Among different social cues from the environment, the eyes constitute a very salient source
for initiating social interaction or communication. Interestingly, previous work from our
(Prinsen et al., 2016) and other labs demonstrated that direct eye contact between two
individuals can readily evoke an increased propensity to 'mirror' other peoples' actions.
Particularly, using transcranial magnetic stimulation (TMS), the investigators showed that
mirror-motor mapping at the level of the primary motor cortex (M1), also known as
"interpersonal motor resonance" (IMR), is significantly increased upon the observation of
actions accompanied by direct eye contact, compared to the observation of actions accompanied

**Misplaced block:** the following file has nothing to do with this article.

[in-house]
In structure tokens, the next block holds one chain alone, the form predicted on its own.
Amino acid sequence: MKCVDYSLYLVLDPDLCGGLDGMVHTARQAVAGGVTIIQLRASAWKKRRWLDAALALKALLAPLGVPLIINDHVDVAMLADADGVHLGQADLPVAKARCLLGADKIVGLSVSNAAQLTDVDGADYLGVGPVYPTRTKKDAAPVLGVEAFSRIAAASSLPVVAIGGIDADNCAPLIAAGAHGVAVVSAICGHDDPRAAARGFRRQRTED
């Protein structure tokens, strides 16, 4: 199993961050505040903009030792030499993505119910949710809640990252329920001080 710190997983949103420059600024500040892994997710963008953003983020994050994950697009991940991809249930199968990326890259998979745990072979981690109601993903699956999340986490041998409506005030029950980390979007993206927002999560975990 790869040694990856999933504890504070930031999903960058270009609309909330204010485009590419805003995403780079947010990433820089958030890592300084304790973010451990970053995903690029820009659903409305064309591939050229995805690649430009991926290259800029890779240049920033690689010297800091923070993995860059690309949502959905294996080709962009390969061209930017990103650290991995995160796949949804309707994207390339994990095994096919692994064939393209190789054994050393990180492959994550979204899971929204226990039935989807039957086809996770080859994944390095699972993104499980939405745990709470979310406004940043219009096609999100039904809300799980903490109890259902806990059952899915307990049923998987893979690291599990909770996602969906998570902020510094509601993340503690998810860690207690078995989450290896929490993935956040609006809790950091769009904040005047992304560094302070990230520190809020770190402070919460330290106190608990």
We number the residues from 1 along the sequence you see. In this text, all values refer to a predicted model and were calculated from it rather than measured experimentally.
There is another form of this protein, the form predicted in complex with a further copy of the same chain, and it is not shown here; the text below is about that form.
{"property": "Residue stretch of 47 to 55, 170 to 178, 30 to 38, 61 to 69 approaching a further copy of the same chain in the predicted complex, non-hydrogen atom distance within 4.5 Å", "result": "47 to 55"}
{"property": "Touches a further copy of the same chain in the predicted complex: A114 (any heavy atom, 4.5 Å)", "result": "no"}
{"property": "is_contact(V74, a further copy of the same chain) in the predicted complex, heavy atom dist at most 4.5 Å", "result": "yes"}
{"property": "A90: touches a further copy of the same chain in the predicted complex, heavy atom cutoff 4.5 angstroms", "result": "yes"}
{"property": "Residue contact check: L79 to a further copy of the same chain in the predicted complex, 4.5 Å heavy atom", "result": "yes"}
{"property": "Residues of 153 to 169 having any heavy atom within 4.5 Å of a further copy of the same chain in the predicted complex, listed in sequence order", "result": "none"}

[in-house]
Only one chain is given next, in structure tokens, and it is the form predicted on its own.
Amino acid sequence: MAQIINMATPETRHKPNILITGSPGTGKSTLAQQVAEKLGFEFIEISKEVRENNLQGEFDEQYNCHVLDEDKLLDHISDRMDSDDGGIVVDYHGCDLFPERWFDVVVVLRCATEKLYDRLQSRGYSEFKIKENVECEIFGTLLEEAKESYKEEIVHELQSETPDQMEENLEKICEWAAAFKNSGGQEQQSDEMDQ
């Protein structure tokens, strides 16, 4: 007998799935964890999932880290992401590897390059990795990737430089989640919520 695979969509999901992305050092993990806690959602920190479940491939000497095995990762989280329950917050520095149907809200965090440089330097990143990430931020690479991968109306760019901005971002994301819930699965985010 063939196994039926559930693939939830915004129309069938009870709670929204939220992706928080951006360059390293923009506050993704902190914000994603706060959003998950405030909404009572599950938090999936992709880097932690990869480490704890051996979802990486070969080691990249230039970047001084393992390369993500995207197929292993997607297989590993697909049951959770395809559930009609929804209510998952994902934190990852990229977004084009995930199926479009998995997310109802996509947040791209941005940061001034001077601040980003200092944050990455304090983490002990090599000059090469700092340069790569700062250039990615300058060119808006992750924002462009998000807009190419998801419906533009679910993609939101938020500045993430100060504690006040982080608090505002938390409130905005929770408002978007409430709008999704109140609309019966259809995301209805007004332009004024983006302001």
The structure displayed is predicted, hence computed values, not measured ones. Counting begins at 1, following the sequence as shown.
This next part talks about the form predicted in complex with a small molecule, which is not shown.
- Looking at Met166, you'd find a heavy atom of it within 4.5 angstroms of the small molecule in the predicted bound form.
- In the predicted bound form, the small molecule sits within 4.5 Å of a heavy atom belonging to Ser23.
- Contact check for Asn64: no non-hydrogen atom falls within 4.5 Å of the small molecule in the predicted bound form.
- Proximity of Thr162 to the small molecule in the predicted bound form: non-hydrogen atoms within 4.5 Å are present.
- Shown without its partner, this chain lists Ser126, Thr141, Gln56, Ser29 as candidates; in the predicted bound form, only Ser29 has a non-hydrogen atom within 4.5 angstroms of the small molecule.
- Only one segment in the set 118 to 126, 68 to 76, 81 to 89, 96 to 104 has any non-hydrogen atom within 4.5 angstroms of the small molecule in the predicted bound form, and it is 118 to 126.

by averted eye gaze.
With the present study, the investigators aim to investigate the role of eye contact on IMR
further, and in particular, explore whether administration of the 'prosocial' neuropeptide
oxytocin (OT) can influence eye-contact induced IMR. In general, OT is known to play an
important role in promoting prosocial behavior and the perception of socially-relevant
stimuli, such as eye gaze. To date however, the link between OT and IMR is less clear.